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  1. Nonlinear angles-only orbit estimation for autonomous distributed space systems

    Sullivan, Joshua Anthony
    [Stanford, California] : [Stanford University], 2020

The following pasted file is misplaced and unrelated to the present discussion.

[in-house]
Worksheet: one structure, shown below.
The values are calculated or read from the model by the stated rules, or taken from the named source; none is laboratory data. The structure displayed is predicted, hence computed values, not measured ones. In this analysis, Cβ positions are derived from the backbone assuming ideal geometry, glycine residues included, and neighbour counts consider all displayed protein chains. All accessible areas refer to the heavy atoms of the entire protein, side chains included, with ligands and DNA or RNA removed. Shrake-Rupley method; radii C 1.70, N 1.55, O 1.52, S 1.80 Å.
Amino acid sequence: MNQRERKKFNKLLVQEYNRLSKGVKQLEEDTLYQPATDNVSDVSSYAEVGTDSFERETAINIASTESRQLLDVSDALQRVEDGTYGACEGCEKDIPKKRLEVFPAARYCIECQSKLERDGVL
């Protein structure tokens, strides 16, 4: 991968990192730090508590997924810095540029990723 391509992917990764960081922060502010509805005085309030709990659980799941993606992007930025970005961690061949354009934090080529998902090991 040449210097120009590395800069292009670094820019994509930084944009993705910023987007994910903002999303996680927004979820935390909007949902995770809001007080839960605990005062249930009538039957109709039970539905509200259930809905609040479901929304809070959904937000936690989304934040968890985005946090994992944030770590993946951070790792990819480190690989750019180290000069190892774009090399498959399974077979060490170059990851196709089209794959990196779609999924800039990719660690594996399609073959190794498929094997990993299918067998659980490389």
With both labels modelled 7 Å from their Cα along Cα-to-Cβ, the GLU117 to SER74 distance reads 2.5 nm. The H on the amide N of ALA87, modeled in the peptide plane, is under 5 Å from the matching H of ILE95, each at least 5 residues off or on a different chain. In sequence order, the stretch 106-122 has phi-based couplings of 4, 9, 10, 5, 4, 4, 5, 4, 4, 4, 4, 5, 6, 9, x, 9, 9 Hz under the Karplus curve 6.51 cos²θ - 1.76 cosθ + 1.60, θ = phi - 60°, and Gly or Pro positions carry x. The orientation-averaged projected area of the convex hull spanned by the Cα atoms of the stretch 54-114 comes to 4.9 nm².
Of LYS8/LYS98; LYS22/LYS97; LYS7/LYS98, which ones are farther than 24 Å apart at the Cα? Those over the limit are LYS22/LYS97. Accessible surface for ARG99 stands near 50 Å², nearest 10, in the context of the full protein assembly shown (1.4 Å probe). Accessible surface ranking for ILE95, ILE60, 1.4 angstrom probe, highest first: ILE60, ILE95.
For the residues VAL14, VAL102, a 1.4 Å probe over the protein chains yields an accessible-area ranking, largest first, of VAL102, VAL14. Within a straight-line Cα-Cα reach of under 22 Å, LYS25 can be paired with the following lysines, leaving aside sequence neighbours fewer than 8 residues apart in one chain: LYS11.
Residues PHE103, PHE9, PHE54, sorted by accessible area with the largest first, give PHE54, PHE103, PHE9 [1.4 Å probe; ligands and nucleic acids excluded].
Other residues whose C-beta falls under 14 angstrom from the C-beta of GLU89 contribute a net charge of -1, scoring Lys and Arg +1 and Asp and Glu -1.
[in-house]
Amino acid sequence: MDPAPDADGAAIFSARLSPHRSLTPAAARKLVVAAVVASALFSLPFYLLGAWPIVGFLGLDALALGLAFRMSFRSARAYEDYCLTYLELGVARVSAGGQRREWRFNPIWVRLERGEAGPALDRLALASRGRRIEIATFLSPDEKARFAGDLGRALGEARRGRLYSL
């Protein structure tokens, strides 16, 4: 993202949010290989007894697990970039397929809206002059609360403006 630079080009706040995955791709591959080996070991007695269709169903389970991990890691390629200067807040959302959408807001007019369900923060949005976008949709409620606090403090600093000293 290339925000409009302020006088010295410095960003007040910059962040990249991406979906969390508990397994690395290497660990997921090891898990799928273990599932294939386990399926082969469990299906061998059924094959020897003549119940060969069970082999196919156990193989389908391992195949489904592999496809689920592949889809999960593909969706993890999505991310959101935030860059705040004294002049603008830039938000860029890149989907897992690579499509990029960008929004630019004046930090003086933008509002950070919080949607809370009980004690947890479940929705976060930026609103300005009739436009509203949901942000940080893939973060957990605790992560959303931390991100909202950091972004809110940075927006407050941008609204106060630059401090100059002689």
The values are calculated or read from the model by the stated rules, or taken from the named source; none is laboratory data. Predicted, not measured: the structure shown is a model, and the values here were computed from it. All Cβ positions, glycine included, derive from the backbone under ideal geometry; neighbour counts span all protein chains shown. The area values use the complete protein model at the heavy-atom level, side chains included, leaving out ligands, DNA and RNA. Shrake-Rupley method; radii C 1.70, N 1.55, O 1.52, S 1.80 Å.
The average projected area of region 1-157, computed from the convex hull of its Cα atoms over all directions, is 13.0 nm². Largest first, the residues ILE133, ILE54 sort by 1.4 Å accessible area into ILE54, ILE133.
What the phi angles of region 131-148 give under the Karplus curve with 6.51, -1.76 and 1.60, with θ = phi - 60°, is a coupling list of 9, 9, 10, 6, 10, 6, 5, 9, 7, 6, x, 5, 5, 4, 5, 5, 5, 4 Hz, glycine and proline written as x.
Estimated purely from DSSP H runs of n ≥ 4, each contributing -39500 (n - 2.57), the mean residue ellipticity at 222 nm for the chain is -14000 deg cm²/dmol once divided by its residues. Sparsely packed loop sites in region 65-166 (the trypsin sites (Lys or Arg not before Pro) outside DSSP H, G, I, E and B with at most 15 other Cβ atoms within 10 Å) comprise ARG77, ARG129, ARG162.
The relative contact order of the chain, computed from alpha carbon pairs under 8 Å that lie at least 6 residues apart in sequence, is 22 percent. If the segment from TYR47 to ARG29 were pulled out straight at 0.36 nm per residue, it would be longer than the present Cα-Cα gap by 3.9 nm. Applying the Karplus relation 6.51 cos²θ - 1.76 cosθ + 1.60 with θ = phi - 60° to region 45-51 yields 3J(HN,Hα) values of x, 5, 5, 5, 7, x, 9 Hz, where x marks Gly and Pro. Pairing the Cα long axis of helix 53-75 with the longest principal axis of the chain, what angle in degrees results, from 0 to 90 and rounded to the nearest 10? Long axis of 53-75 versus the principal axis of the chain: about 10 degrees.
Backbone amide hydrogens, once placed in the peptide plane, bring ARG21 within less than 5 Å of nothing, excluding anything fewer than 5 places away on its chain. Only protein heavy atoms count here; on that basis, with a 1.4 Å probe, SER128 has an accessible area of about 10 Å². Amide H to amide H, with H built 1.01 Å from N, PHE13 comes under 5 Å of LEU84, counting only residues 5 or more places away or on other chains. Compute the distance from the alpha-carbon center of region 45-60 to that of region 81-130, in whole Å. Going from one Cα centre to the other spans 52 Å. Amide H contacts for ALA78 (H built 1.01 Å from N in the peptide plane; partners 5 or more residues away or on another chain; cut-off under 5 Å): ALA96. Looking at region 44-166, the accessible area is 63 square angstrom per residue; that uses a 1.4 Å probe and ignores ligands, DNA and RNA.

There is a growing interest in future space mission concepts which involve the interaction of multiple satellites, including on-orbit servicing and debris mitigation, space situational awareness, and swarm-based sensing. These so-called distributed space systems place strict requirements on spaceborne relative navigation accuracy and robustness, autonomy in early phases of the mission, scalability to multiple agents, and resource efficiency in order to meet mission specifications. This research rises to these demands by focusing on a mid- to far-range estimation method called angles-only navigation, wherein observer satellites use bearing angles obtained from onboard monocular camera imagery of target space objects to infer the target orbital trajectories. In this context, vision-based estimation is chosen because it provides a passive and high-dynamic-range navigation technology that uses simple, flight-proven, and miniaturization-friendly hardware. However, since a target appears as only a cluster of pixels in the images, estimating its orbital motion with respect to the observer is fundamentally constrained due to a lack of range information and generally results in poor (or even divergent) navigation performance. To overcome this limitation, a novel angles-only navigation architecture is developed which leverages a deep insight into the relative motion dynamics and advanced filtering techniques to capture key nonlinearities in the dynamics and measurement modeling that lead to range disambiguation. Whereas current approaches require repetition of complex maneuver profiles to gain new vantage points on the target for range rectification, the new methods posed here are completely maneuver-free. To address further deficiencies in the current state of the art, the proposed framework generalizes the applicability of angles-only navigation to new domains beyond low Earth orbit, to situations where no prior state knowledge is available for estimator initialization, and to new scenarios involving multiple observers and/or targets. The functionality and performance of the proposed navigation architecture are verified using rigorous software-based and hardware-in-the-loop simulation. Finally, the algorithms developed in this work have led to the systematic design of the Starling Formation-flying Optical eXperiment (StarFOX), which will test angles-only navigation for future deep-space swarms while flying on board NASA's Starling1 technology demonstration formation in 2021


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